Unlike the UH6100, the UH6500 does have a wide color gamut option in the menus. It does increase the saturation of primary colors, but not as much as other wide color gamut TVs. As such, we don't classify it as 'Wide Color Gamut' for our tests. Changing the color gamut to 'Wide' provides the most colors, 'Normal' is suitable for SDR content and 'Extended' is somewhere in between.
The color volume coverage is poor, so the TV doesn't benefit from the wider color volumes of HDR content.
The UH6500 have some image retention, unlike the UH6550, that also has a RGBW IPS panel, but has no image retention at all. The image retention does fade away before the end of the recovery time though, since after the 6 minutes of recovery, you can't make out any of the logos from the burn-in scene.
The screen is semi-gloss, which helps to reduce the intensity of direct reflections. For a room with a couple of small windows this should not be a problem, but bright glare directly on the screen could be an issue.
The response time is great, and only results in a short trail following moving images. Some replications are seen following the moving logo due to the flickering backlight (PWM).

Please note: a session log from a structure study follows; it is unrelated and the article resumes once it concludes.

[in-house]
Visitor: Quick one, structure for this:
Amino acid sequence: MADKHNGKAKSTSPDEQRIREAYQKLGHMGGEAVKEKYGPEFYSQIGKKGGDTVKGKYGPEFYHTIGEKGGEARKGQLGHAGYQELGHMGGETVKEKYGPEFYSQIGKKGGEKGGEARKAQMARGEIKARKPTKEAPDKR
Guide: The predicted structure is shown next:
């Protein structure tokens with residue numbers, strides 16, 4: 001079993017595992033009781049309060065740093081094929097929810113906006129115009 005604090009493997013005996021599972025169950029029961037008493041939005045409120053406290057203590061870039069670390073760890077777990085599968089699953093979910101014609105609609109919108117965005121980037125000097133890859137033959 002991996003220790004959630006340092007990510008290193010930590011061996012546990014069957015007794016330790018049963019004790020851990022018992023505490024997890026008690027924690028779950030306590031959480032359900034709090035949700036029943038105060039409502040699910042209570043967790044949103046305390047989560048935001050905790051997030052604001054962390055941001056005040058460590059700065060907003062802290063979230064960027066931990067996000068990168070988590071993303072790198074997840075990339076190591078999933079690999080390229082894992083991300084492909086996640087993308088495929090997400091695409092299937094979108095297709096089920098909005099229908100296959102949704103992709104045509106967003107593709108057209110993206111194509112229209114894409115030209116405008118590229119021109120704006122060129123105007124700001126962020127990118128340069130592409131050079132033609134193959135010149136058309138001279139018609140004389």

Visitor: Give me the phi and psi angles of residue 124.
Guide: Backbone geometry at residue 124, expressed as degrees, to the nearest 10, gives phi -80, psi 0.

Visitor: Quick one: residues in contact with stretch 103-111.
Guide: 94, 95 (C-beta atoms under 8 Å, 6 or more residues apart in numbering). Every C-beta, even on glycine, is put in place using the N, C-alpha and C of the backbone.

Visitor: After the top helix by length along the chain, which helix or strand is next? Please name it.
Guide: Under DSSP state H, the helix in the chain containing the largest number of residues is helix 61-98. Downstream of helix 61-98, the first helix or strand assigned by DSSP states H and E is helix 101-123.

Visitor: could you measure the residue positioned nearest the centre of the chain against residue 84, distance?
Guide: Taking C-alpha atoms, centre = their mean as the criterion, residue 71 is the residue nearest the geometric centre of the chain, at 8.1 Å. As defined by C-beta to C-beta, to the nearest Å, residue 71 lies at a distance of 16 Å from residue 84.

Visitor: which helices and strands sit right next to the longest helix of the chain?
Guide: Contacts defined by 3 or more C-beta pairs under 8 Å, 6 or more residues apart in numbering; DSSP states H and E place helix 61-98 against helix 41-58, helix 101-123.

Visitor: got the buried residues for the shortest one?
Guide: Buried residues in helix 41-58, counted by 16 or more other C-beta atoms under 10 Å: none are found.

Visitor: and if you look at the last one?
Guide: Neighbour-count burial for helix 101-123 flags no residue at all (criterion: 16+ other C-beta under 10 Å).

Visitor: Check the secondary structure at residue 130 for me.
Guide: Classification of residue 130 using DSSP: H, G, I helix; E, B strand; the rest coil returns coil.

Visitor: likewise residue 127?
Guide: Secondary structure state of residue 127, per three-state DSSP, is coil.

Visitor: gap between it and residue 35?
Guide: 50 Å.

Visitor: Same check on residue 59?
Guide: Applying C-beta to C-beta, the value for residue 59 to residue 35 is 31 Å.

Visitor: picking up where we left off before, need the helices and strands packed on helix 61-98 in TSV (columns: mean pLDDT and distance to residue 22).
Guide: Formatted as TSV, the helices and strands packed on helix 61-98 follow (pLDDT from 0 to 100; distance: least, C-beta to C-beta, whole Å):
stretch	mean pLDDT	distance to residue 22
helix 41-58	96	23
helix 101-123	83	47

Movies played from a 24p source such as a bluray player or the built in apps appear smooth. Those that are sensitive to judder may notice it when playing movies over a 60Hz signal such as HTPC or cable box. Most people aren't sensitive to judder so this shouldn't be an issue.
The UH6500 has a 60Hz panel, so cannot interpolate 60 fps content to any higher refresh rate. To enable motion interpolation for a 30 fps input, adjust the 'TruMotion' setting.
Input lag is low for SDR content, which is great and feels responsive. When a HDR source is detected the TV switches into a HDR picture mode, which has very high input lag. For lowest input lag set the picture mode to 'Game'.
Update 12/08/2016: With the newest firmware update (04.30.70) there has been the addition of a HDR gaming mode. In this mode the HDR input lag is lower, and should be fine for HDR gaming. Note that although the TV accepts a 4k @ 60Hz @ 4:4:4 + HDR signal, it can't accurately display the chroma subsampling in any HDR mode, even with the 'PC' icon selected.